She said she'd searched online for weaving stores, so calling me that was a nice start.  She wanted to look at travel shawls and I had them all out for her to see (a huge advantage when there's a visiting plan, as I have out what's requested and the studio is reasonably tidy).  Once she'd seen them, she meandered over to the blankets and I returned to what I'd been doing before she arrived. But almost immediately she started gushing over the Resilience blanket, which I wove last fall and blogged about in December.



She loved the colours, texture and everything about it, and knew it would be far more useful for her than a smaller travel shawl. Then I told her the Resilience story and she loved it even more. It was a very quick and definite selection.

On the way out to her car, she met the Resilience image photographer and told us more about her life in the Arctic. As she drove out the driveway, he and I were already looking at the map.

The Resilience blanket story was really important to her, which is important for me to remember - the story part. It was so gratifying for me to see someone fall in love with my work right in front of me. Business is always secondary when that happens.

Enjoy and stay warm!




Wednesday, 30 May 2018

Starting Another Long Run

Starting a set of blankets is like starting off for a long run. Once the blankets are ready to weave, there's already been a fair bit of time invested in warping the loom - winding bobbins, beaming the warp, threading, sleying, tieing on and then weaving a header. Oh, and fixing any little threading or sleying errors. :-)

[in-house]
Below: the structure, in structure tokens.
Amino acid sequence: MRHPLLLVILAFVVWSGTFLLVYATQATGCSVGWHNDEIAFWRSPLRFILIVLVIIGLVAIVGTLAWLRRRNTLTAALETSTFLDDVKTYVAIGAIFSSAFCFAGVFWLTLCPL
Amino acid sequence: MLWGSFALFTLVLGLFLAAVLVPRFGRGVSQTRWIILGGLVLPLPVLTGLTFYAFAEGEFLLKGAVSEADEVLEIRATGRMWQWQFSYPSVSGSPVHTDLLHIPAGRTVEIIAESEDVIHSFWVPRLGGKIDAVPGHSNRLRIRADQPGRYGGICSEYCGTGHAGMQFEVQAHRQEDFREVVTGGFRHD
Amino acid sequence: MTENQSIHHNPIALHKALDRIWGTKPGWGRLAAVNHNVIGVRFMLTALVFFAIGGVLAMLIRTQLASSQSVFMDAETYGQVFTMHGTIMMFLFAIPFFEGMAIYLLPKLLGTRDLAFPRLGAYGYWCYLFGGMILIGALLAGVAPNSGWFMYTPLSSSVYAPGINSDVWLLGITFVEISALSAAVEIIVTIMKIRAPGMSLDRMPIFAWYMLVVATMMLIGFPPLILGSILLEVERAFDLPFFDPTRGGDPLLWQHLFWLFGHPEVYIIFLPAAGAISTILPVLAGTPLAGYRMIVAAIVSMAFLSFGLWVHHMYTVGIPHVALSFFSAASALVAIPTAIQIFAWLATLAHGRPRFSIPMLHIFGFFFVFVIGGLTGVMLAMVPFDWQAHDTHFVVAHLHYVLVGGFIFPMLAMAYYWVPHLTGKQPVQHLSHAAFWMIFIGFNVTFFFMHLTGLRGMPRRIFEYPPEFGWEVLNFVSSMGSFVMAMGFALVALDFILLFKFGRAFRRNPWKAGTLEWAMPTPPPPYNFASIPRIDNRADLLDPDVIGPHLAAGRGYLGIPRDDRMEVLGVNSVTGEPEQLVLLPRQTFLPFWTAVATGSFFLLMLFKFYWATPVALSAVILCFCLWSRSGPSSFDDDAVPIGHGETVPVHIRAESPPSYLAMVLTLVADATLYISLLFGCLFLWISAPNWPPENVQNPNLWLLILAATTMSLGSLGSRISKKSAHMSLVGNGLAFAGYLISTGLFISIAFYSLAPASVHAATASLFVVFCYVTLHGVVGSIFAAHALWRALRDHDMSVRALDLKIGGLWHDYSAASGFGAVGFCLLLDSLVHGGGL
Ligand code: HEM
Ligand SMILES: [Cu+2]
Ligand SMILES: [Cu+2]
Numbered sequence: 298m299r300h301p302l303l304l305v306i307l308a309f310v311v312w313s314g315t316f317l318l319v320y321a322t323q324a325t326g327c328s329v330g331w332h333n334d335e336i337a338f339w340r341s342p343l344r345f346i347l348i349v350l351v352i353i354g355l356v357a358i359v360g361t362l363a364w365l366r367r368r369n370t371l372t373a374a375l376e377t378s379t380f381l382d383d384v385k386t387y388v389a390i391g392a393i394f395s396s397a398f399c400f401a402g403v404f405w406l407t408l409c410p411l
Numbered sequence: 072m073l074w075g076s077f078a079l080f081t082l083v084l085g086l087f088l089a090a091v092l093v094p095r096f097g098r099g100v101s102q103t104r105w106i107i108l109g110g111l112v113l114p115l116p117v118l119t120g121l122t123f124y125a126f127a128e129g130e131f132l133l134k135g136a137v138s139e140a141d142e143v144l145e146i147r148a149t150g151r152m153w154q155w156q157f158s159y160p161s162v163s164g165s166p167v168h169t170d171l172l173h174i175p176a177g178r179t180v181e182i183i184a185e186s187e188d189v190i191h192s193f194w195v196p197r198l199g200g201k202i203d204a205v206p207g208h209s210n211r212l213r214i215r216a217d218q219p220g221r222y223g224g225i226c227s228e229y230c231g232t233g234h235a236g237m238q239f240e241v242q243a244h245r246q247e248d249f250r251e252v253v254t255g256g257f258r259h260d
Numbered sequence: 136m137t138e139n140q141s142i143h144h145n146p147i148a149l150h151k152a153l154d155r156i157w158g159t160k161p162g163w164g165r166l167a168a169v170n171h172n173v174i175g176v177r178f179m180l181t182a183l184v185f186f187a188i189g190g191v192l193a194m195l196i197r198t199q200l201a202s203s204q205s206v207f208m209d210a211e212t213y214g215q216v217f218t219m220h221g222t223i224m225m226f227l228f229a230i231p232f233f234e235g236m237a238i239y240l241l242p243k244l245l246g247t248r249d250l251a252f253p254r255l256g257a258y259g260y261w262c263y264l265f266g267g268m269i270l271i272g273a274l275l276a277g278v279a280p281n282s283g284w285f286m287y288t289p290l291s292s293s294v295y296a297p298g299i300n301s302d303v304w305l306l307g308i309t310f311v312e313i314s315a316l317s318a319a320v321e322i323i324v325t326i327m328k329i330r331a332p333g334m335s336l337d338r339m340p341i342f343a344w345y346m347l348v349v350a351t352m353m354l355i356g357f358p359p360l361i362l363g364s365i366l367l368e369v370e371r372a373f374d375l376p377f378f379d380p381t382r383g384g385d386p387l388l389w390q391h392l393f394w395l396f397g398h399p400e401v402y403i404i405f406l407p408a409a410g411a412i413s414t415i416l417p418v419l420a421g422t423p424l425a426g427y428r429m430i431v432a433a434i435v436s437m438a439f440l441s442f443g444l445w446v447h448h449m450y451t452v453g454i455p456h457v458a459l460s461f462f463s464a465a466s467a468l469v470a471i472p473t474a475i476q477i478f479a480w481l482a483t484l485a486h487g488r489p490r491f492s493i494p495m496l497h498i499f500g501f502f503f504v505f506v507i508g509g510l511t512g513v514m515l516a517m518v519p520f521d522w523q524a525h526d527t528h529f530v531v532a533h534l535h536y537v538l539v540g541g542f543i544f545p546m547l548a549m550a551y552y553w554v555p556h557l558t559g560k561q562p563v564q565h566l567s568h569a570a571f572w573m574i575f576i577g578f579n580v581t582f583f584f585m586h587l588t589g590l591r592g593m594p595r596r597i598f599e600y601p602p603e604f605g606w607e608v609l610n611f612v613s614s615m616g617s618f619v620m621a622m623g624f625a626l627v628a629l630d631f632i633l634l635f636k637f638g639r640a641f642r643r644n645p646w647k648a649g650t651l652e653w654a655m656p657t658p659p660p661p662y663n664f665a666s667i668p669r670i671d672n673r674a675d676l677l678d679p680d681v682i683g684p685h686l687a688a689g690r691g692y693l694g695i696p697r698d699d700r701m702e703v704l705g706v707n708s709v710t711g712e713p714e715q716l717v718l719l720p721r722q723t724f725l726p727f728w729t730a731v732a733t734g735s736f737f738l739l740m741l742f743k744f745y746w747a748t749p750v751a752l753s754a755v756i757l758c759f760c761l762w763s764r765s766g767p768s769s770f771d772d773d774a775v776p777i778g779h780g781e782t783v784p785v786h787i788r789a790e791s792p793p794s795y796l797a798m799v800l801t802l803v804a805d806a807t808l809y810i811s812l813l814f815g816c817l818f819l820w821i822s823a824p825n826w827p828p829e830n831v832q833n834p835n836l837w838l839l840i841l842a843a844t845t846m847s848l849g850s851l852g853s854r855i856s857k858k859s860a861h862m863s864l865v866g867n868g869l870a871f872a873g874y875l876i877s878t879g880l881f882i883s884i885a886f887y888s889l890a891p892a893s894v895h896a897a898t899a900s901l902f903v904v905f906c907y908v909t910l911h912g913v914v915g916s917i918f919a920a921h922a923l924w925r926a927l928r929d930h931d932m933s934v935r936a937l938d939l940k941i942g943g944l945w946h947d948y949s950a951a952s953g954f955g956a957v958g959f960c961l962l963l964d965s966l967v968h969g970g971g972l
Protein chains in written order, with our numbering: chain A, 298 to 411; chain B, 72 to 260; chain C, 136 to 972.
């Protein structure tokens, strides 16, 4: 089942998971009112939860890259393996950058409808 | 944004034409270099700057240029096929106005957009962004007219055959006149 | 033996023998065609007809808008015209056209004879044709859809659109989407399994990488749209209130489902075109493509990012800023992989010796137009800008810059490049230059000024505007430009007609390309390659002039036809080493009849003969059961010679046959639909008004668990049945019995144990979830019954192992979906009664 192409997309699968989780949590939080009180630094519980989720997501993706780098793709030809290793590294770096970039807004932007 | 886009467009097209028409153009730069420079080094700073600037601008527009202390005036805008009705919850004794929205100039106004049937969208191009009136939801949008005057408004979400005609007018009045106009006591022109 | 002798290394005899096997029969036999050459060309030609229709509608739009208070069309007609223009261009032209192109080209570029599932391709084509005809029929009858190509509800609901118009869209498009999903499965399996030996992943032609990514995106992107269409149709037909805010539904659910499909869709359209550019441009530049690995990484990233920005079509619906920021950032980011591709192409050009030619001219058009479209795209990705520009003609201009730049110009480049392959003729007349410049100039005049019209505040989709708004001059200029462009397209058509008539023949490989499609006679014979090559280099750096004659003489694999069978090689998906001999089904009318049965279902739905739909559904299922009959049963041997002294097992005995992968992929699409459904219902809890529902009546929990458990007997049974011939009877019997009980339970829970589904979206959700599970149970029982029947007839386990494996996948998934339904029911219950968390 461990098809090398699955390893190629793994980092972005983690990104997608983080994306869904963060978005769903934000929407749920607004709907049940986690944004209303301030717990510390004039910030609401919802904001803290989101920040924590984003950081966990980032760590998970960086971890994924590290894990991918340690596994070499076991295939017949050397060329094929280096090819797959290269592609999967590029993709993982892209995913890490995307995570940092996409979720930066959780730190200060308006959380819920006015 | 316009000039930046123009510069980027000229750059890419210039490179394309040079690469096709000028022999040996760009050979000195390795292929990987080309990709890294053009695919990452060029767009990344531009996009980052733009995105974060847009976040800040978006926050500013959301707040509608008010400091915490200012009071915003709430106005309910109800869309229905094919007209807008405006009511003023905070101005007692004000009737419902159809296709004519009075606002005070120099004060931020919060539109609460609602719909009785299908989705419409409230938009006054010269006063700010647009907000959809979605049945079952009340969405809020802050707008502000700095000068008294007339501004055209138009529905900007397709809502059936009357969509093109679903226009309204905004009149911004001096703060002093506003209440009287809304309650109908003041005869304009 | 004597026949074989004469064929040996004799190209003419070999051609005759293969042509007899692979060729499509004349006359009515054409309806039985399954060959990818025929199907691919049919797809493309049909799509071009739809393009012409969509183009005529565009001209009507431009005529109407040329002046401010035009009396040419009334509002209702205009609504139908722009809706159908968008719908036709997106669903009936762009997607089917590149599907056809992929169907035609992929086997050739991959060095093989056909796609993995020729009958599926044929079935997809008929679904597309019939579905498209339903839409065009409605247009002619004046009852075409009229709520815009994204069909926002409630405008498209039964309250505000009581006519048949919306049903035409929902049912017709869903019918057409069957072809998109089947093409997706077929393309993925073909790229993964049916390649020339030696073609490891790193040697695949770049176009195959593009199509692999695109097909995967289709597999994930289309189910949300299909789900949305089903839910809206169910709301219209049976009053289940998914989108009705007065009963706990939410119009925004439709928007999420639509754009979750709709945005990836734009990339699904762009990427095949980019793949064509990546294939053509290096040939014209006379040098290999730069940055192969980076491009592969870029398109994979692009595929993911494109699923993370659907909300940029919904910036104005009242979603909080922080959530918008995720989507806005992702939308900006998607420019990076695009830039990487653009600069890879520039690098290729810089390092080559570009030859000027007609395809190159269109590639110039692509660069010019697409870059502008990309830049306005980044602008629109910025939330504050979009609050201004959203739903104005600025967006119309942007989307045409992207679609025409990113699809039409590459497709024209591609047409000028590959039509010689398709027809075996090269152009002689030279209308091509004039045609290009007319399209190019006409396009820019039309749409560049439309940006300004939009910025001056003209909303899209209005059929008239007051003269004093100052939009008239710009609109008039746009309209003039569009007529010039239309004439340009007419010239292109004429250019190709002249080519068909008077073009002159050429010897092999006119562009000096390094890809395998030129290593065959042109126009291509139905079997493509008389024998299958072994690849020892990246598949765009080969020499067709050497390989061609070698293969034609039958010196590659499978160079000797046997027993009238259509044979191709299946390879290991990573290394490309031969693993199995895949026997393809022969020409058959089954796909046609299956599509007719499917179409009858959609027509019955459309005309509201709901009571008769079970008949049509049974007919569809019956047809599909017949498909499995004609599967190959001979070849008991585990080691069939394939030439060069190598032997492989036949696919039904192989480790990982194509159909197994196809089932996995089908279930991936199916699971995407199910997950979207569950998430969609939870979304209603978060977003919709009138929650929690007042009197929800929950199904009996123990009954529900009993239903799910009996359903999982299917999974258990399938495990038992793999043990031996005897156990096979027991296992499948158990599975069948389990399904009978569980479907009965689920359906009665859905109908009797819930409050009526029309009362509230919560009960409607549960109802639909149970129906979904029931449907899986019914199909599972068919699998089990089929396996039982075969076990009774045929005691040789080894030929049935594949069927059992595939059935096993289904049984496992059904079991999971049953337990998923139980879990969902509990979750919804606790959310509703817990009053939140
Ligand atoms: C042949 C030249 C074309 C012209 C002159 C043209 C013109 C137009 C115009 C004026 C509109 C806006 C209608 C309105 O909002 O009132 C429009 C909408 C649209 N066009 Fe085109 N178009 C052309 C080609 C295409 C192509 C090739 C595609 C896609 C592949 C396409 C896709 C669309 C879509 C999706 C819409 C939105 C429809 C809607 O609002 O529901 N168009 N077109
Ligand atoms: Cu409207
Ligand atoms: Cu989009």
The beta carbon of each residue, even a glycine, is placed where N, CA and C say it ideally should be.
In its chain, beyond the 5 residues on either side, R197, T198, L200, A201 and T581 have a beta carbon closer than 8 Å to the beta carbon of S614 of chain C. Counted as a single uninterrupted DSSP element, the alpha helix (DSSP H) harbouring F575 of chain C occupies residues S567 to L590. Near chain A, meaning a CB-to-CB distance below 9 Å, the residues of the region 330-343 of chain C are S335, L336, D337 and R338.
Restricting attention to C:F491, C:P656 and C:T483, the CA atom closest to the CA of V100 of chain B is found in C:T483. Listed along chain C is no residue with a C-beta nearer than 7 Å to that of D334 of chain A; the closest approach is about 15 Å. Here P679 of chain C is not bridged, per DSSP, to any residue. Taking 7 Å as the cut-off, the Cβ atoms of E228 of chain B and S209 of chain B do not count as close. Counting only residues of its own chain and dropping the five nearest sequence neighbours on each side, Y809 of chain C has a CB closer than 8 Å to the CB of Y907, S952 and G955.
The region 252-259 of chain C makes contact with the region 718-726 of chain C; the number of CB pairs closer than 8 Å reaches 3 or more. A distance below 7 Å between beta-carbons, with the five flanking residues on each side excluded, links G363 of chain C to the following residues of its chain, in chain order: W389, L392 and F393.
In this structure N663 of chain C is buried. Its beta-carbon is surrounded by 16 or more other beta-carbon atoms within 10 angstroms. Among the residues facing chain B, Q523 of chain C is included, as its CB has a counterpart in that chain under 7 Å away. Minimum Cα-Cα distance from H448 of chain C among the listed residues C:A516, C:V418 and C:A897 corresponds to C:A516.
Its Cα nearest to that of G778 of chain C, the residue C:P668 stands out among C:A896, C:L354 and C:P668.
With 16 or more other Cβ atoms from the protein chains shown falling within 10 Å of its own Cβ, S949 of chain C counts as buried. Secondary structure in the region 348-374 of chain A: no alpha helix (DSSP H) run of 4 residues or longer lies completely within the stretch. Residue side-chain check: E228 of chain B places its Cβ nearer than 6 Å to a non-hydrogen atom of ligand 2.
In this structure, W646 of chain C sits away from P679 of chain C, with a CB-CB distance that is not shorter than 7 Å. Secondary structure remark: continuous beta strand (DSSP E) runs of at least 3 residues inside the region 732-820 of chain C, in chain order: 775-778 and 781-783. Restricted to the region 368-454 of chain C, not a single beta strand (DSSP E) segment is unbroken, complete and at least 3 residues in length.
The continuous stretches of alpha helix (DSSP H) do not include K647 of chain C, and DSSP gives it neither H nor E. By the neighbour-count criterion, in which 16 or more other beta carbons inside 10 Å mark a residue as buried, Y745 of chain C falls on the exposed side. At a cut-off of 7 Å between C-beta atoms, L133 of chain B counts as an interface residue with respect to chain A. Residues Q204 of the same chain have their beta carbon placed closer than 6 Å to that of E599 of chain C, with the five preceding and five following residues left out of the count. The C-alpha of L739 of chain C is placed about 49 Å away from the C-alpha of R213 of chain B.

Then we go. Shuttles are lined up, pattern is fresh in my mind, the rhythm begins. Mmmm.

For a long run (going by memory, certainly not by recent experience), usually there's been some prep time to rest, then I plan my route, dress for the weather and I'm off.

It's physical, psychological, even a bit spiritual. A long warp waiting for me is like the open road or a beautiful trail. I just need to remember to pace myself to get myself to the finish line with a smile.



Thursday, 17 May 2018

One - No, Two - of My First Blankets

I visited a friend recently and spied a vintage piece of my work, her well-loved blanket, a housewarming gift from almost thirty years ago. She had it hung perfectly neatly on a blanket stand and it looked great.

This had to be one of the first blankets I wove on my Leclerc Colonial I loom. I bought that loom in Vancouver, used, in 1988 and had it shipped north by a moving company. I was dying to expand my projects from my 36" Artisat loom to a 60" loom and with the extra four harnesses I added to the original four.

This blanket would have been woven pretty soon after setting up the Colonial loom and starting with some small projects. The weave structure is turned twill, which I call twill blocks - the threading alternates between 1234 and 5678 to create blocks, with different weft colours to highlight the differences.